Plastic Free Seas founder rallies support for green cause at home
Plastic Free Seas founder Tracey Read tries to make eco-lifestyle fun for her children too, writes Joanna Hewitt
Former nurse Tracey Read could have had a less busy life in Discovery Bay. But the mother of two has become an environmental activist who fully walks the talk.
While most people are reading the Sunday papers, she is often hard at work on a beach somewhere, rallying volunteers to clean up plastic rubbish that is a blight on the coastline.
Tracey is the founder of Plastic Free Seas, a charity that promotes clean beaches through a reduction in plastic pollution. The cause has not only taken up a lot of her time, it has taken over most of her rooftop patio.
The space where her husband, Jeff, once envisaged he might be relaxing in a hammock, is now occupied by boxes of neatly sorted plastic waste.
Such commitment can be trying for family members but Jeff, the managing director of an engineering firm, is fully behind his wife’s green campaigning.
“Tracey is not the type to lunch and shop. She wants to go out and do something,” he says. “I tried to steer her into investment banking, but she chose to set up her own nongovernmental organisation and save the planet.”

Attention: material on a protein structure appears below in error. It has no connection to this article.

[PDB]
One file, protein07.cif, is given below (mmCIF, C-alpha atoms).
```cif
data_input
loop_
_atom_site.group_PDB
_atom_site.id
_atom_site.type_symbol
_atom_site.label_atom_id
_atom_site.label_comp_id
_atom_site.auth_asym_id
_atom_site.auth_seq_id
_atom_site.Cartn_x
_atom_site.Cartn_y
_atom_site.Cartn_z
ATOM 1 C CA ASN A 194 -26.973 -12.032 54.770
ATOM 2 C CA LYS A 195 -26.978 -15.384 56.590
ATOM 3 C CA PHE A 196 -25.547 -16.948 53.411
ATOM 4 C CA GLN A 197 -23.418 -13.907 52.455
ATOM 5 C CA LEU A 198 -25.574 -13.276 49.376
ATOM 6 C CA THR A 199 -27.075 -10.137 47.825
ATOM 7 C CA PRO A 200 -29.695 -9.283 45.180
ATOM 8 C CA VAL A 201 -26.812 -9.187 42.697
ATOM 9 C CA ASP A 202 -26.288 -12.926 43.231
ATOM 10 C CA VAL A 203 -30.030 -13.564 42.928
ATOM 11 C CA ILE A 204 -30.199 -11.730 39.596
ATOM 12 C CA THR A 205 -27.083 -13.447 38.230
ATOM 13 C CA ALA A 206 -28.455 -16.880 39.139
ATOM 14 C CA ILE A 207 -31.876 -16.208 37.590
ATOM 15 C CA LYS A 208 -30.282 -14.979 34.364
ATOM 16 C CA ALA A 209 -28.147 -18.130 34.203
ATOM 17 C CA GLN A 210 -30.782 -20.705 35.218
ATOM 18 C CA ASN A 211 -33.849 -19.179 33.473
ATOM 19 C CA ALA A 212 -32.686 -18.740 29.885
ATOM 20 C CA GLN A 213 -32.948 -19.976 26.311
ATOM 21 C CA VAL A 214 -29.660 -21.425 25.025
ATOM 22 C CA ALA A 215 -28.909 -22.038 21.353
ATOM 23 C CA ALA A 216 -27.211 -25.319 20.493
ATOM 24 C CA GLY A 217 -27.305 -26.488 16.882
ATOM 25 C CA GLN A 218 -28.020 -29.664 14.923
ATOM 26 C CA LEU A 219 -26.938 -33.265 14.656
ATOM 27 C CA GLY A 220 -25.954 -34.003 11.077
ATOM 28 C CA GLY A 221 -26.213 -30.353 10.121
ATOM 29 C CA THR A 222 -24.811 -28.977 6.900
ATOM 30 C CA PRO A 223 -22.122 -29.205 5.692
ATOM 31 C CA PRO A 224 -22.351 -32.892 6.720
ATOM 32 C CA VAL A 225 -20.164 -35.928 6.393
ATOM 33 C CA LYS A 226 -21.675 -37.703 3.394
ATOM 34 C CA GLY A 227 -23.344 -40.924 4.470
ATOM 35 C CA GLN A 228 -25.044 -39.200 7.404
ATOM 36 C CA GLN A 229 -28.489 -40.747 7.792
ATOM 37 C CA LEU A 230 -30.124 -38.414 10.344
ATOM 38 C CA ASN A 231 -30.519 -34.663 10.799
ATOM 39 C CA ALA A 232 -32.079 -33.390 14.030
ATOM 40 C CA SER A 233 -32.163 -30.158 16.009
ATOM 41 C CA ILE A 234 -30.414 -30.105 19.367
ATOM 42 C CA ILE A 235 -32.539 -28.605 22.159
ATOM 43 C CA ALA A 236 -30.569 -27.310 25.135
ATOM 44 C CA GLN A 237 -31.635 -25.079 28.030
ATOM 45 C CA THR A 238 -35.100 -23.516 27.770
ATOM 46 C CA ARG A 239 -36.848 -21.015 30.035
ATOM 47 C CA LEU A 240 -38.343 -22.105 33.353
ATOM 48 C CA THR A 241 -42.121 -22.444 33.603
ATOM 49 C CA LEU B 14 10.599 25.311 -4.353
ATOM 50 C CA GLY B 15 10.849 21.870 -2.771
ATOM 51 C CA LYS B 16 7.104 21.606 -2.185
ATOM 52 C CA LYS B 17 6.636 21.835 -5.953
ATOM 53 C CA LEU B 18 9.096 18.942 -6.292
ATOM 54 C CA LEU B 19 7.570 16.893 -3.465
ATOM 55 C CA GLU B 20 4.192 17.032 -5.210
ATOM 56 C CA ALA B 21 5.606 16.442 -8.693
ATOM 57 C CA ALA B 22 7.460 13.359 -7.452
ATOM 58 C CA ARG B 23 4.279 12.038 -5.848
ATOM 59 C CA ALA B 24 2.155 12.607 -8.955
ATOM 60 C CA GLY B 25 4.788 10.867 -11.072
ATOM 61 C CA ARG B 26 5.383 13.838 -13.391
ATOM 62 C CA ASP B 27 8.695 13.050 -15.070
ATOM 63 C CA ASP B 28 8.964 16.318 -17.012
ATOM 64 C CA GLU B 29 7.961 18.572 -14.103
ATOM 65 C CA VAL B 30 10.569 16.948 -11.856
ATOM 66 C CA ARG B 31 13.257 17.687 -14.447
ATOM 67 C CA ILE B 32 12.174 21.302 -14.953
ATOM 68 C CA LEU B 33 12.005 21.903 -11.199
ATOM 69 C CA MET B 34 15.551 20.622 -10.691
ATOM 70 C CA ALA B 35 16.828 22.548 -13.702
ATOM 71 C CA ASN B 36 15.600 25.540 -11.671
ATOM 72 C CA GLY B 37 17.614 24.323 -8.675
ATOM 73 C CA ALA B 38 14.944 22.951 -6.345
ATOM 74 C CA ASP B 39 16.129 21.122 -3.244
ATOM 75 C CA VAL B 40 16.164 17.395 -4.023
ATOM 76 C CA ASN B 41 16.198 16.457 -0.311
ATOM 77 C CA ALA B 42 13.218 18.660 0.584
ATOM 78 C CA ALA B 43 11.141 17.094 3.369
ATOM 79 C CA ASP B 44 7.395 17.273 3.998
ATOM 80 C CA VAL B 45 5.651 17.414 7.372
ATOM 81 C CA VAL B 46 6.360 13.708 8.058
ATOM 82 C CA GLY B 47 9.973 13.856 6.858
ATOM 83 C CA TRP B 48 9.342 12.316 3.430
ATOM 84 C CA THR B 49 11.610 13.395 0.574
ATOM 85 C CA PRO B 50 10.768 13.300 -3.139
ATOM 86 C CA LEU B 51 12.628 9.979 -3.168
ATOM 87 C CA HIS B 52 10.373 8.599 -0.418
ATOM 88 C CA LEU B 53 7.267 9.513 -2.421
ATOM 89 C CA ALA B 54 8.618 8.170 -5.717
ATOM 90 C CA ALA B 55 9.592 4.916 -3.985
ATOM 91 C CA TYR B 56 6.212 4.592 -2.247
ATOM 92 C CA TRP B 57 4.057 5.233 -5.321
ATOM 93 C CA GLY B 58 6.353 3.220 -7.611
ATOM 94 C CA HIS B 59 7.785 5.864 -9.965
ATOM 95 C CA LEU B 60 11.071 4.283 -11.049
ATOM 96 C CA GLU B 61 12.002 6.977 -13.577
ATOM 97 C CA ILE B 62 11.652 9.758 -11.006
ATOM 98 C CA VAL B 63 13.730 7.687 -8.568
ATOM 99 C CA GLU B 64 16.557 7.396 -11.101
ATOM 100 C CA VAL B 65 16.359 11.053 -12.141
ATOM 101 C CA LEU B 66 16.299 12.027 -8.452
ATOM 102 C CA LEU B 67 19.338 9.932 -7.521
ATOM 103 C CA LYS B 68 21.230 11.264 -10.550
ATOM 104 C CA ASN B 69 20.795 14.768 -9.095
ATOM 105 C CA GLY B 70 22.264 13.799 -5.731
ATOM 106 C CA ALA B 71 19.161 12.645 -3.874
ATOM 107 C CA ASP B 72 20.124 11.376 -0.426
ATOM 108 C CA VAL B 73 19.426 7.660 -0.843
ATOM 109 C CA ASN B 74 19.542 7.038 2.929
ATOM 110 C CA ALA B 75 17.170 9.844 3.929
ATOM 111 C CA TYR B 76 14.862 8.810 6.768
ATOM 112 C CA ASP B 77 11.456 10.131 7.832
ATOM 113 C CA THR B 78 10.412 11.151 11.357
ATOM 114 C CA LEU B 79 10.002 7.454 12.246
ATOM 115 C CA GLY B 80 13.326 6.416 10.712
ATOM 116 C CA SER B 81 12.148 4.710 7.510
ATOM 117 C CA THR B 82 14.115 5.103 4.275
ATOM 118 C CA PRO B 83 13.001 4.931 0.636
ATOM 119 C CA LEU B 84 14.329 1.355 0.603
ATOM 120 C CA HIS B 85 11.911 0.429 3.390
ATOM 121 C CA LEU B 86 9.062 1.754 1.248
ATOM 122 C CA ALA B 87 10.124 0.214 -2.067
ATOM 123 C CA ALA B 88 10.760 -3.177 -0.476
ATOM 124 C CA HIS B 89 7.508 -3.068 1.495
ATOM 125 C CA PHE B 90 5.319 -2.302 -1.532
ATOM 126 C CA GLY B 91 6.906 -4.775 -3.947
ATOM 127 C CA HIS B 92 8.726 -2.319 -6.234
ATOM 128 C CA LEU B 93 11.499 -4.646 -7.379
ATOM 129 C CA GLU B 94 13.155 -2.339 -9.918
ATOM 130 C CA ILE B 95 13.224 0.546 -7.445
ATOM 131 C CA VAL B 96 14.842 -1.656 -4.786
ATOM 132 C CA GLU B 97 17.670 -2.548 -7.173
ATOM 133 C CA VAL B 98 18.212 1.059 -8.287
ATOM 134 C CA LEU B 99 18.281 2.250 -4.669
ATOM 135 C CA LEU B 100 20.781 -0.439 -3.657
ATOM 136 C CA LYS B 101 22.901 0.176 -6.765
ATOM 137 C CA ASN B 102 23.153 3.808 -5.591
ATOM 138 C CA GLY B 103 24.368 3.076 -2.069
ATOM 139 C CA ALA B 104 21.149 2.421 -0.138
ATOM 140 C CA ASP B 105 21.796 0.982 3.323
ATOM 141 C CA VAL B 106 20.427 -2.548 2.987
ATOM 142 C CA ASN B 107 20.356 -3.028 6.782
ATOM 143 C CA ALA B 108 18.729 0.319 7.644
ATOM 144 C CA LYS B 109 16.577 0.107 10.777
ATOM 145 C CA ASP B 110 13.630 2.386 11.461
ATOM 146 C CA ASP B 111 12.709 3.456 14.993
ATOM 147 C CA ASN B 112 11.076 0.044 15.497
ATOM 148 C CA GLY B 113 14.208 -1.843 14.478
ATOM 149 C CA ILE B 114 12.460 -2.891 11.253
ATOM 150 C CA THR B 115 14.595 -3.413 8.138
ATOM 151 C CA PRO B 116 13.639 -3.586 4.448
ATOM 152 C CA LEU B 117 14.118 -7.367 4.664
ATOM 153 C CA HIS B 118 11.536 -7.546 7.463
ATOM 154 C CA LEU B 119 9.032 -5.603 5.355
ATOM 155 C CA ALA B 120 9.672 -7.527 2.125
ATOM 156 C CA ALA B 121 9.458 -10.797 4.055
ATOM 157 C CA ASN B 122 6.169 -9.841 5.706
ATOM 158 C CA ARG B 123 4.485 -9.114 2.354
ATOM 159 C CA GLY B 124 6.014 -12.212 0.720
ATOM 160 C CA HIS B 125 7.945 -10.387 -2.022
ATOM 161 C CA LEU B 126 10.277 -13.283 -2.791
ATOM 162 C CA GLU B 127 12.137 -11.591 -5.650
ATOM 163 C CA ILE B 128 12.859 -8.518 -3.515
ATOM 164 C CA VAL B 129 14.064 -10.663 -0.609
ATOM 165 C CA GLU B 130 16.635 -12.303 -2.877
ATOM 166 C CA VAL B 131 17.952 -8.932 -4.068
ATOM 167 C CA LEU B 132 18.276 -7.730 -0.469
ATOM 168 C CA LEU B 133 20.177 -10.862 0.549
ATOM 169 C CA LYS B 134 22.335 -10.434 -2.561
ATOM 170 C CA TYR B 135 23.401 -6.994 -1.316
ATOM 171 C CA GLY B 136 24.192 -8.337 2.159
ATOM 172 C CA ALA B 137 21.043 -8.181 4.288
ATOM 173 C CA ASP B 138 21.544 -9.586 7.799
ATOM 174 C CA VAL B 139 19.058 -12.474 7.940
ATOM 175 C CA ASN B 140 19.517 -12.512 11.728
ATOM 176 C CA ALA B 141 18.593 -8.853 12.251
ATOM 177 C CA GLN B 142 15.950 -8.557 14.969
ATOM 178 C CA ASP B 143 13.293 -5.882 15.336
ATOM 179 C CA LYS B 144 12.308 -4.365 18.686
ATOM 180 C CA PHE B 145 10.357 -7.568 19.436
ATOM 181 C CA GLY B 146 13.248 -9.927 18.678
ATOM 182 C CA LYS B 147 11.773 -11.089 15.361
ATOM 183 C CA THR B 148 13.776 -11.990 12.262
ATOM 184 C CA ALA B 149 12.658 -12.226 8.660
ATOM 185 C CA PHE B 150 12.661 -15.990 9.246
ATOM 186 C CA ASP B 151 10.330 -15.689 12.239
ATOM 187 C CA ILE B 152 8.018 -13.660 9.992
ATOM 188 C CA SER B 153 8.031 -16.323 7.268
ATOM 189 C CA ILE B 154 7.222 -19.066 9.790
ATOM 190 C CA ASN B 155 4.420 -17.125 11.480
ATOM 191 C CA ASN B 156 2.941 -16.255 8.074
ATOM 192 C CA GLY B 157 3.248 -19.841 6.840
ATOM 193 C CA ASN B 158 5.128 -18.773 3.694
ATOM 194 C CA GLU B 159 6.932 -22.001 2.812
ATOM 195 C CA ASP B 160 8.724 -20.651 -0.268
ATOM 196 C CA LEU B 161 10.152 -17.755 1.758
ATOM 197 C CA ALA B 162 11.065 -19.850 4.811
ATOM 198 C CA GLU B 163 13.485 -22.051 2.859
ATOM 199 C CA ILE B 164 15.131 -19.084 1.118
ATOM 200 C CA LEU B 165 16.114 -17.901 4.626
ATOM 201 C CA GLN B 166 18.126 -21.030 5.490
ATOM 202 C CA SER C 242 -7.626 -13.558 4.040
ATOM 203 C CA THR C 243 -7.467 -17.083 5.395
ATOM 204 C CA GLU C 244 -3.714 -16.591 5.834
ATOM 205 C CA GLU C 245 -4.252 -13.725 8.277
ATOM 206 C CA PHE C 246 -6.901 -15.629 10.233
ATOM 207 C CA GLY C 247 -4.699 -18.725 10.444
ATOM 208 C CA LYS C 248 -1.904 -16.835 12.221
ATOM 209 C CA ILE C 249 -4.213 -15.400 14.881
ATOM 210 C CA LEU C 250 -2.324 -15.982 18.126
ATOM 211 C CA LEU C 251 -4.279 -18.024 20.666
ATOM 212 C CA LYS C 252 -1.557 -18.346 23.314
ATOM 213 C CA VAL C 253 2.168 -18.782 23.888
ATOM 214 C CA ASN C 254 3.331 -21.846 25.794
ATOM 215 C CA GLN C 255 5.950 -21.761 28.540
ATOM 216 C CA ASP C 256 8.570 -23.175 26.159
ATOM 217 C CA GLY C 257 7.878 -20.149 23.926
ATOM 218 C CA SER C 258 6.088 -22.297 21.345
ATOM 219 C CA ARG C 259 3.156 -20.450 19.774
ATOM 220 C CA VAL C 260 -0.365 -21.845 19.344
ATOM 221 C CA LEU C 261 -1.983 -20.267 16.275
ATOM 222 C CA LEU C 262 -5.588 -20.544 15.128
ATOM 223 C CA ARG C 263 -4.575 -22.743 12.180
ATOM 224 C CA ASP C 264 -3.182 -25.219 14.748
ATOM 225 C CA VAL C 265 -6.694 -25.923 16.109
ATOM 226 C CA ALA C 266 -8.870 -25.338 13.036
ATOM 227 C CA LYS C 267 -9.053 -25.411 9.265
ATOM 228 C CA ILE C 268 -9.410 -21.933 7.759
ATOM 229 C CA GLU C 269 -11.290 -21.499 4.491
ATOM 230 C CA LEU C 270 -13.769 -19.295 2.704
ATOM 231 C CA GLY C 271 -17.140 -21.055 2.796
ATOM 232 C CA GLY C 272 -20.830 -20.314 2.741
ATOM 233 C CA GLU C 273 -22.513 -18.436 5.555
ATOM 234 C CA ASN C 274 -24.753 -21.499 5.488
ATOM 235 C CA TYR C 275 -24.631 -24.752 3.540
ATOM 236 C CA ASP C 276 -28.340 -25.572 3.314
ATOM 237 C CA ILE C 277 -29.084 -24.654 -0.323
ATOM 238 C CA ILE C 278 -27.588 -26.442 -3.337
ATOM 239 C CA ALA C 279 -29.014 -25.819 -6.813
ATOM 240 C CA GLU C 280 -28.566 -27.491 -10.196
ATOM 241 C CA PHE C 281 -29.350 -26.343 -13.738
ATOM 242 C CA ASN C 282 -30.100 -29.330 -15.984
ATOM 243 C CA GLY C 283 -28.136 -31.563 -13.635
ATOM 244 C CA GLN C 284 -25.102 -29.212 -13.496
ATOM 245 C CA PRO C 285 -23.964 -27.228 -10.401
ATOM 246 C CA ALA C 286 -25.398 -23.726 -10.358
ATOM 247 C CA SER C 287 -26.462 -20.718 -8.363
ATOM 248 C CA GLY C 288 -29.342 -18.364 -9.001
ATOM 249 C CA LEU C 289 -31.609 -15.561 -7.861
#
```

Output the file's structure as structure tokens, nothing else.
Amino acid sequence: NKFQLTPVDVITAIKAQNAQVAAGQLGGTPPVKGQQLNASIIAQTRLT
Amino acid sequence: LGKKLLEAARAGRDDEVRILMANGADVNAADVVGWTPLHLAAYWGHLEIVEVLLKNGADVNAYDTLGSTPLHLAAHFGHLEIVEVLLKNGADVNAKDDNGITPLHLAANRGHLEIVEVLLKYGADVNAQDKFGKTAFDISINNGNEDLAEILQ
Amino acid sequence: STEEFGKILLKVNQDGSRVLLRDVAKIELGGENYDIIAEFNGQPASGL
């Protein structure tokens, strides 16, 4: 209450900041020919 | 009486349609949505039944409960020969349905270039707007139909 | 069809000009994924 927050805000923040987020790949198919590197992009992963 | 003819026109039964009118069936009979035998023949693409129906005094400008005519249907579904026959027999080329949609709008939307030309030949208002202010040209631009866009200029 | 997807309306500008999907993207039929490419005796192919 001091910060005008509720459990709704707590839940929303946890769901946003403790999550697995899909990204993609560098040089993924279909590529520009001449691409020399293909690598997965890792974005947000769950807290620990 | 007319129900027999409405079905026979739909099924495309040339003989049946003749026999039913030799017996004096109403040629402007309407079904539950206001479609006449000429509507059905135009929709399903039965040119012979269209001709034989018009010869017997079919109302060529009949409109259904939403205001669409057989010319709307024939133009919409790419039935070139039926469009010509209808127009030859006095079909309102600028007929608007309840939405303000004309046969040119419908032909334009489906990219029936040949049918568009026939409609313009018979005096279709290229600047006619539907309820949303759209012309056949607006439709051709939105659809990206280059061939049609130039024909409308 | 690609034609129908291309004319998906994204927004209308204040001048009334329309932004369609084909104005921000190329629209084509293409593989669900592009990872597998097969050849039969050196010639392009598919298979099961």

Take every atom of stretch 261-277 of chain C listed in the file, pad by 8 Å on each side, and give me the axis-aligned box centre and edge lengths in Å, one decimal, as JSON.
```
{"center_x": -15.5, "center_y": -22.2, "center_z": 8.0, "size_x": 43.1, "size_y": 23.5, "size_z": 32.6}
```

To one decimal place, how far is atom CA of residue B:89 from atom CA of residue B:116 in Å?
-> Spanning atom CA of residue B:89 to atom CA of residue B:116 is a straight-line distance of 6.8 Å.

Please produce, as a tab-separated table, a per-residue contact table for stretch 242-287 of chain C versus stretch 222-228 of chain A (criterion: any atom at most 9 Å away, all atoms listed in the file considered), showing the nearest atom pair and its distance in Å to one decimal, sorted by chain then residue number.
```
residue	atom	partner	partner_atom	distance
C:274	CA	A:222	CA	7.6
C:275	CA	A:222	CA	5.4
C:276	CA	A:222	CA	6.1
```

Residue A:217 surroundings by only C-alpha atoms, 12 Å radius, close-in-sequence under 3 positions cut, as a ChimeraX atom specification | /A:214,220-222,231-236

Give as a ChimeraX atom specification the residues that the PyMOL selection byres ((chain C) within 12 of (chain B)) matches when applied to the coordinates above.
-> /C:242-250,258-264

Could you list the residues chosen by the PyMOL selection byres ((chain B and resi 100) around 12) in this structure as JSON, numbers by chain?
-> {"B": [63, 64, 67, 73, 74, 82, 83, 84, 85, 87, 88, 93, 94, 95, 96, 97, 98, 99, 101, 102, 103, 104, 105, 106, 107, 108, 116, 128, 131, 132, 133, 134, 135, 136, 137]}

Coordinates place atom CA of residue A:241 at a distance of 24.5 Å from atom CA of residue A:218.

The couple relocated from Australia eight years ago, and weekends in their household haven’t been the same since Tracey joined neighbourhood environmental group, Discovery Bay Green, in July 2007.
“It all started with talking in schools about why I volunteered my time. Then I began researching plastic pollution online and that’s where I learned about the Great Pacific Garbage Patch,” Tracey says.
“This is an area of the ocean where a slow-moving spiral of currents has concentrated marine litter into a growing mass, mostly made up of plastic.
Tracey decided she had to see it for herself, and in the summer of 2012 joined an expedition organised by 5 Gyres, a group researching the global impact of plastic pollution.
The plastic “soup” they sailed through made an enormous impression. “Plastic waste has been entering the oceans through accidental and purposeful dumping for more than 50 years,” Tracey says.
“Over time, the plastic breaks down into smaller pieces through photo degradation and wave action. This is what is floating in our seemingly pristine oceans.
“The microplastics are consumed by fish and are obviously entering the food chain. We are eating our own trash.”
Tracey returned from her trip to find an environmental disaster had struck Hong Kong. Typhoon Vicente swept 150 tonnes of preproduction plastic pellets off a container ship in the South China Sea in July 2012, and much of it had washed into surrounding waters and beaches.
She quickly alerted the authorities, and was instrumental in working with government departments and the plastics industry to clean up the shoreline.
The experience left her convinced that more had to be done. The result was Plastic Free Seas, which she set up last May. Within six months she had inaugurated a youth conference that brought together more than 100 secondary school students from across Hong Kong.